You’ve very likely heard of eating disorders, but you might not be aware of the signs that someone you know has an eating disorder. The problem is nothing to joke about and chances are you might even know someone who suffers. I’ve studied eating disorders extensively and feel it’s important to know what symptoms to look for. After all, recognizing the signs that someone you know has an eating disorder could be the difference between life and death.
We’ve all had a friend who just never seems to eat, but you may not be aware that it could indicate a problem. I’ve known people who sit through a meal and only take a couple of nibbles. Unfortunately, this could mean your friend has anorexia nervosa, one of the most common types of eating disorders. If you know someone who claims she’s never hungry or she picks at her food without actually eating any of it, she may have an eating disorder. One of the top signs that someone you know has an eating disorder is strange behavior at mealtime.
We’ve all stashed food from family or roommates that we don’t want to share, but eating in secret could indicate bulimia nervosa, which is a harder to recognize eating disorder because people with the condition aren’t always super thin and don’t often refuse a meal. With bulimia, a person binge eats thousands of calories in one sitting, and then purges it to prevent weight gain. If you catch someone you know shoving an entire cake into her mouth in the dark or you have a friend who hits several drive-thru restaurants in just an hour or so, she may have bulimia and likely needs help.
It’s joked about a lot on television, but hearing someone you know head to the bathroom to throw up after every meal could indicate the presence of bulimia. Someone with this eating disorder binge eats and then forces herself to throw up to prevent absorption of the calories she just consumed. If barfing after sharing a meal is a common occurrence, your friend or family member might have an eating disorder.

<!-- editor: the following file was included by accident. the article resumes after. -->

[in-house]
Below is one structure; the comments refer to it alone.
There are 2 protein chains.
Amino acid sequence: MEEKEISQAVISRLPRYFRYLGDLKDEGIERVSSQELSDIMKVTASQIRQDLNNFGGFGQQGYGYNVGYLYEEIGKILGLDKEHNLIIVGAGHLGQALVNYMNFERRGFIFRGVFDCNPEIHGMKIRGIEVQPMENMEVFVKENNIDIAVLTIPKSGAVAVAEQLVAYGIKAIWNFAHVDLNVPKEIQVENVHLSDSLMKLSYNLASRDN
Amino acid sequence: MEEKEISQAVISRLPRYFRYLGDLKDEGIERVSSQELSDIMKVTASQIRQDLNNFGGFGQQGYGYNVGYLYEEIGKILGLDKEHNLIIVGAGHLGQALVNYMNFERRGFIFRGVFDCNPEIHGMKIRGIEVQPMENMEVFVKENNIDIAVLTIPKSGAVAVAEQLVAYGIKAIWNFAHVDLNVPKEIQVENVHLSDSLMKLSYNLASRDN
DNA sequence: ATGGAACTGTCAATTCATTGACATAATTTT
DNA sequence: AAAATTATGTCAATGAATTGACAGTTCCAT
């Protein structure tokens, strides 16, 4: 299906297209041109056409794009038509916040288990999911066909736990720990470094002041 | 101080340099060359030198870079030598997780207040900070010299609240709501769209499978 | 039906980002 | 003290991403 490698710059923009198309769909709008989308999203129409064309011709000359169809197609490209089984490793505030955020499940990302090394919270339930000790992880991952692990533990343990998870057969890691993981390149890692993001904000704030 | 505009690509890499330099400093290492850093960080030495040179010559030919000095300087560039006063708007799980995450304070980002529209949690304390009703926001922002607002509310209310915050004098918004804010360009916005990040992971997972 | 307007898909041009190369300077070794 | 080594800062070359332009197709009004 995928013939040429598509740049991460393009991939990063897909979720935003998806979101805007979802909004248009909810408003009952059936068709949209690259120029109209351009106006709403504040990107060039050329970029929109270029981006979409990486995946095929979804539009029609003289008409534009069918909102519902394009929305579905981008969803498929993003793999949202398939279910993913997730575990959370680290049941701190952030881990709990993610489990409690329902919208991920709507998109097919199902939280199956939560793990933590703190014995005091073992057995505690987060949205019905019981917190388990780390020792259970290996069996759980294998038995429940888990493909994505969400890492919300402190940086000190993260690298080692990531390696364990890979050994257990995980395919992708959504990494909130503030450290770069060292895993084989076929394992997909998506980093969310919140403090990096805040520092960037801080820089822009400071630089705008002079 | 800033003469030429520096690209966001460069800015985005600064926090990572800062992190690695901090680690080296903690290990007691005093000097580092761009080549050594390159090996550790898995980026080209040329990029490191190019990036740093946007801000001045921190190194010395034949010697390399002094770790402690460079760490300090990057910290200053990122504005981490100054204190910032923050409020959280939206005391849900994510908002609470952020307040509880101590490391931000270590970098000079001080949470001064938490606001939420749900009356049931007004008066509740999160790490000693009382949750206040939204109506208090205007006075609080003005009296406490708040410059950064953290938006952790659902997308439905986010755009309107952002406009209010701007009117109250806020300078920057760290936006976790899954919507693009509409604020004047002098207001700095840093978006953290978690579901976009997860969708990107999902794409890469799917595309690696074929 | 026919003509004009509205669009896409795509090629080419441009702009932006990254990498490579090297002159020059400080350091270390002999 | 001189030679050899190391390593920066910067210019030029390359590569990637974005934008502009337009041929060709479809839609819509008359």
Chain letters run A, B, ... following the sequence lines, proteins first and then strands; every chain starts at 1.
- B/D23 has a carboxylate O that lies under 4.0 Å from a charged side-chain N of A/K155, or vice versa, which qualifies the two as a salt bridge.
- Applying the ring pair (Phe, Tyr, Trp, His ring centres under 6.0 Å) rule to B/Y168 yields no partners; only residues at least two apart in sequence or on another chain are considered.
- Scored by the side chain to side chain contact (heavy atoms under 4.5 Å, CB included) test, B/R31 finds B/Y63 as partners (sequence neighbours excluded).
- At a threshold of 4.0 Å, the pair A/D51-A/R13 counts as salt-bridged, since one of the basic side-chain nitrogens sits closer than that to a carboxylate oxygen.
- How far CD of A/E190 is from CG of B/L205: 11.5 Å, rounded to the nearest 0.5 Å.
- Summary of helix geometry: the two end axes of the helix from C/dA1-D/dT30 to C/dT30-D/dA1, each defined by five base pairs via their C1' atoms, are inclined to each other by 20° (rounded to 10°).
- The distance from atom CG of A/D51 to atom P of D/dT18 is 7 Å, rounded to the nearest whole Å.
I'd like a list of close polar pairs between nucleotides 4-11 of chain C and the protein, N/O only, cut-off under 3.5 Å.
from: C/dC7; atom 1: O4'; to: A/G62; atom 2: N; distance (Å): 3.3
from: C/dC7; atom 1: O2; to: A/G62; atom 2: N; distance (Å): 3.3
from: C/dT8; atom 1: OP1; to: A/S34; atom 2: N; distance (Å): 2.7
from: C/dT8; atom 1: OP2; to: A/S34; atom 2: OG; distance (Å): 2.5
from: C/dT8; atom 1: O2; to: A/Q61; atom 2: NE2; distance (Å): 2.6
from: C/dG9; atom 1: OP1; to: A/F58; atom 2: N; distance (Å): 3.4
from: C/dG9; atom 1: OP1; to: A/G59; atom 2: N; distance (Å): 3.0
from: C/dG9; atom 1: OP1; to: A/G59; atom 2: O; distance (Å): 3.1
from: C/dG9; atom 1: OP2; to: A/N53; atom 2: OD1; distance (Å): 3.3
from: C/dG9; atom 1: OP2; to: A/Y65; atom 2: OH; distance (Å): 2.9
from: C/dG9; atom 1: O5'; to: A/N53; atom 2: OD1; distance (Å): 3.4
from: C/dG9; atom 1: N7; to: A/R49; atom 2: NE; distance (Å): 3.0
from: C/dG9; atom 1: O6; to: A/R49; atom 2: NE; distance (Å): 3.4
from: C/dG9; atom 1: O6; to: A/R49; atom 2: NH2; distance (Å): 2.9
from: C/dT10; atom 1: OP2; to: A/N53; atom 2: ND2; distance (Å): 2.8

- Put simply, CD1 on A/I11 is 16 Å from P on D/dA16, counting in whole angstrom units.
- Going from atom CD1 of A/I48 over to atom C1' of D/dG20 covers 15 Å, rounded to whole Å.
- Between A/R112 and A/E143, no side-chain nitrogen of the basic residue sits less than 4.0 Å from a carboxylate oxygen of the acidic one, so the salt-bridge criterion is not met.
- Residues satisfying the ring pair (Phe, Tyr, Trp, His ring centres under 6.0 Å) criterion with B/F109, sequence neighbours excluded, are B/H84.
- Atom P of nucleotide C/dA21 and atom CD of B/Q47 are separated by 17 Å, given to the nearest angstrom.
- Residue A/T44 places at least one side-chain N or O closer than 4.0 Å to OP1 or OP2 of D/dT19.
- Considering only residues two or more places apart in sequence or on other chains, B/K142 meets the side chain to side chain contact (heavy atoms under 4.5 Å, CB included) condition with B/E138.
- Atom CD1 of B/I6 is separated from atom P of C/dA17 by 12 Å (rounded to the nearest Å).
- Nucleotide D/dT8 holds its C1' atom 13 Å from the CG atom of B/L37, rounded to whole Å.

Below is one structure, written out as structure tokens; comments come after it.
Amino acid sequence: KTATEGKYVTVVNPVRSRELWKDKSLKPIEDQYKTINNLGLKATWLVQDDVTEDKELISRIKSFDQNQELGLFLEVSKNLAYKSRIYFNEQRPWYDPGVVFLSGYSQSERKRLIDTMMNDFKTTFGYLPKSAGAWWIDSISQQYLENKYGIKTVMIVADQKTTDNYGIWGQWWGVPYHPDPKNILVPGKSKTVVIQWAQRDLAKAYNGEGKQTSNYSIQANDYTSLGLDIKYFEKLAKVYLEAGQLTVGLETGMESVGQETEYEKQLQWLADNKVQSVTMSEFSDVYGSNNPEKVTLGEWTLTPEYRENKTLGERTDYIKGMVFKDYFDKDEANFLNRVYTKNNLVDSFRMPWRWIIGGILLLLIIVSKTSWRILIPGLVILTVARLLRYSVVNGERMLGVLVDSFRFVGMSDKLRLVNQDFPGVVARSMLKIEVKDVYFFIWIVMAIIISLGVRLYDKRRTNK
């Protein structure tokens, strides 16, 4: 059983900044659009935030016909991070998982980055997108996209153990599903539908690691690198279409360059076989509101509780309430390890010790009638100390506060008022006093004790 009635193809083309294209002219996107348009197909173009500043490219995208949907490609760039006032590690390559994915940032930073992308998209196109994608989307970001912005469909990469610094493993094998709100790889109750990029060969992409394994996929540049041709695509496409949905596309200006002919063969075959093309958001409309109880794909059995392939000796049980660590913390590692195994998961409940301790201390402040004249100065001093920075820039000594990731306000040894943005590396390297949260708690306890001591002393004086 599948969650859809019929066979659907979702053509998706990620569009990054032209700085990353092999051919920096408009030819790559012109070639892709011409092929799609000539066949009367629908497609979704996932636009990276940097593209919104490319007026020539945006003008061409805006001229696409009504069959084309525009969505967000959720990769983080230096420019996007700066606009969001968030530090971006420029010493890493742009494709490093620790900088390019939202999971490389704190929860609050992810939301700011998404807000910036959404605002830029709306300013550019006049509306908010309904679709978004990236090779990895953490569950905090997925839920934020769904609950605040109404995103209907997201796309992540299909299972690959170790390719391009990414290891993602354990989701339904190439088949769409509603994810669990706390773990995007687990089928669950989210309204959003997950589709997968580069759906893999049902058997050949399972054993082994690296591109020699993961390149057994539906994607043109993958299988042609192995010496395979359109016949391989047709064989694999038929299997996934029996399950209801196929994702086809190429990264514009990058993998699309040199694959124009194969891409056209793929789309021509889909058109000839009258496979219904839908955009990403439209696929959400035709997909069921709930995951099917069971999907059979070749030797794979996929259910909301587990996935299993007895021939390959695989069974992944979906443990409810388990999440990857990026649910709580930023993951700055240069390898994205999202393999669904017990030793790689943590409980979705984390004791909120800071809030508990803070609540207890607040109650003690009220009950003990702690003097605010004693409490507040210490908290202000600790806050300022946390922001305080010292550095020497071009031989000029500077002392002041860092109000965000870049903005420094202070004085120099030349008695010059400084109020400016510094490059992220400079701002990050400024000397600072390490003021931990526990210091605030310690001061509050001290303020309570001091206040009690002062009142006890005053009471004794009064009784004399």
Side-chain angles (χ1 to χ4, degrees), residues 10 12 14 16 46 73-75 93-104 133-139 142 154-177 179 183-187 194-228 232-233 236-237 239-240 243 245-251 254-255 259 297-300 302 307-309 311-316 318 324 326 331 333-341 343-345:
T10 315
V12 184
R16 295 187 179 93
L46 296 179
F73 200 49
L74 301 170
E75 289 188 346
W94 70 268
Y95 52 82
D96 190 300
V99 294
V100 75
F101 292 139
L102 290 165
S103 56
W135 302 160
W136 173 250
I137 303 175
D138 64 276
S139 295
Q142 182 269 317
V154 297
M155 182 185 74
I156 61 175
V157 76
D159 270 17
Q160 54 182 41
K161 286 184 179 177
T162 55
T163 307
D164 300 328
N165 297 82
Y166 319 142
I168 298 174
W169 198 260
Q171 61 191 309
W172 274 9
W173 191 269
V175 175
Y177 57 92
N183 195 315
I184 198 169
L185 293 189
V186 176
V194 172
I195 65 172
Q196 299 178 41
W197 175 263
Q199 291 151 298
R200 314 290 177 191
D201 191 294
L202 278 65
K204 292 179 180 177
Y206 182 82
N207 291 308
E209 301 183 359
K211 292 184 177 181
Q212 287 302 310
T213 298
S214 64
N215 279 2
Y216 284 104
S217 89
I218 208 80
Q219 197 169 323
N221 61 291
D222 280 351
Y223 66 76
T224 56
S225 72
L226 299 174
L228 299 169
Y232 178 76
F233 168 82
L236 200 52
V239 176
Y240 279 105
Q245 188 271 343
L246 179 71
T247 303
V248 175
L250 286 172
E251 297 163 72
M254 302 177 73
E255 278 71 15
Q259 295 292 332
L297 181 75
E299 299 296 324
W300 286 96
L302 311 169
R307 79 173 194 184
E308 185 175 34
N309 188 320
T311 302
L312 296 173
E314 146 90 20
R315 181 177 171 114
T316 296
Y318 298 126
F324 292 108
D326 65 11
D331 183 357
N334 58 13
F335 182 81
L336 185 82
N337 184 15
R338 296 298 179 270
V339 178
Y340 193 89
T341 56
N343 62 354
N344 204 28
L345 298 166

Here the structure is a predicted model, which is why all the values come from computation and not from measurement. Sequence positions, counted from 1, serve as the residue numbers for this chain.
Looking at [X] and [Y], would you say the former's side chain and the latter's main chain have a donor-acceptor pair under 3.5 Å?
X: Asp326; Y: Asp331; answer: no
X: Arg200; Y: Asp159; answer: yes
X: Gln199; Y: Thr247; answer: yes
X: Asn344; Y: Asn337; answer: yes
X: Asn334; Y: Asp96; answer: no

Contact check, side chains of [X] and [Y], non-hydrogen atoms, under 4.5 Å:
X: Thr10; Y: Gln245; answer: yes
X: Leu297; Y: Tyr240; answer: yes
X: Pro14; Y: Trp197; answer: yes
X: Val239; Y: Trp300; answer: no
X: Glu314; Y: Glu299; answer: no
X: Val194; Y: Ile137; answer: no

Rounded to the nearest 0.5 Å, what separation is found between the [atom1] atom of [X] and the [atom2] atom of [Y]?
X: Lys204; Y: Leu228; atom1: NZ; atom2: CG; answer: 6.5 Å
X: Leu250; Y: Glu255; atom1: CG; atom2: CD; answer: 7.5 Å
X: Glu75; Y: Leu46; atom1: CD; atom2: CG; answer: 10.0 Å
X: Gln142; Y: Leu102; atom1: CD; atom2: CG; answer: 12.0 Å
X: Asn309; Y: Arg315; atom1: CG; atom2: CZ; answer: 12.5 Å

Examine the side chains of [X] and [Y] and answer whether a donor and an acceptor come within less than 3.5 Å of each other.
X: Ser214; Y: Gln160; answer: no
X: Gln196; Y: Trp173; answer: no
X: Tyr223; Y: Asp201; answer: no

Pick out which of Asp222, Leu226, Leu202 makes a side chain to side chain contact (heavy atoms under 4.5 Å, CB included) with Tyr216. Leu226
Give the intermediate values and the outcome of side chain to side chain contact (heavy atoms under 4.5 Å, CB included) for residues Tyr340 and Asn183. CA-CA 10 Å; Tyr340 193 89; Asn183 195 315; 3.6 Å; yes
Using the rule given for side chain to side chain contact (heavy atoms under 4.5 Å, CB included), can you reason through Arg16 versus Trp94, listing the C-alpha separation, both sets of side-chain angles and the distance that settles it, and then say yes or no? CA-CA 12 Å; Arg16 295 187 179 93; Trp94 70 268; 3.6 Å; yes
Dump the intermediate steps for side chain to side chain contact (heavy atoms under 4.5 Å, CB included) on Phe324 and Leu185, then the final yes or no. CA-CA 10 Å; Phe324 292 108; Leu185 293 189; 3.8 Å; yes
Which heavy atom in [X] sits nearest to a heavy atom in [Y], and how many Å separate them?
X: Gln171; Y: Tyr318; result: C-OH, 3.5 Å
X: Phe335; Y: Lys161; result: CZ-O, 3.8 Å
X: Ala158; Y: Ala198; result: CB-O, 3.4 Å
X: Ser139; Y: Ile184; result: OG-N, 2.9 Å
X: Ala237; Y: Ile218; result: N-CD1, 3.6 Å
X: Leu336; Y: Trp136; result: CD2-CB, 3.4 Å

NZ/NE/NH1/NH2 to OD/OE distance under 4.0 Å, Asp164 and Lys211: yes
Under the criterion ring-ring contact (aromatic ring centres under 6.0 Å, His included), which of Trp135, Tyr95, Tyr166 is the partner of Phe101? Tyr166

Maybe you know someone who constantly rags herself for the way she looks. I’ve had plenty of friends who do this. While it doesn’t always indicate an eating disorder, a distorted sense of self is a common symptom in anorexia. If you know someone who calls herself fat, even when she’s scary thin, or talks about how she has no control around food, even when you never see her eating, it might be time to get her some help.
It’s normal to have a bad day here and there and get down about life in general on occasion. Who hasn’t wanted to crawl back into bed and eat ice cream all day? If you know someone who seems down and depressed more often than not, it’s a warning sign that she might have an eating disorder. While it doesn’t indicate the condition on its own, depression, when accompanied by strange eating habits and low self-esteem, might mean your friend needs help.
I’m not talking about a sudden beard or crazy bushy eyebrows, but the presence of a fine layer of hair on your friend’s body could mean she has an eating disorder. This hair grows when someone starves their body of essential nutrients, either by refusing to eat or by purging her meals. It’s the body’s natural defense mechanism for warmth when there isn’t enough insulating fat.
Don’t jump all over a friend simply because she cooks you a meal. However, preparing elaborate and crazy meals for others is a hallmark of anorexia. Someone with the disease is obsessed with food and thinks about it all the time, regardless of how much of it she eats herself. So, if you know someone who goes out of her way to prepare fancy, gourmet meals, but never partakes, you could be looking at someone with an eating disorder.
How would you handle the possibility of an eating disorder? It’s important to tread carefully so your friend or family member knows you only want to help. Do you know someone who might be in need?
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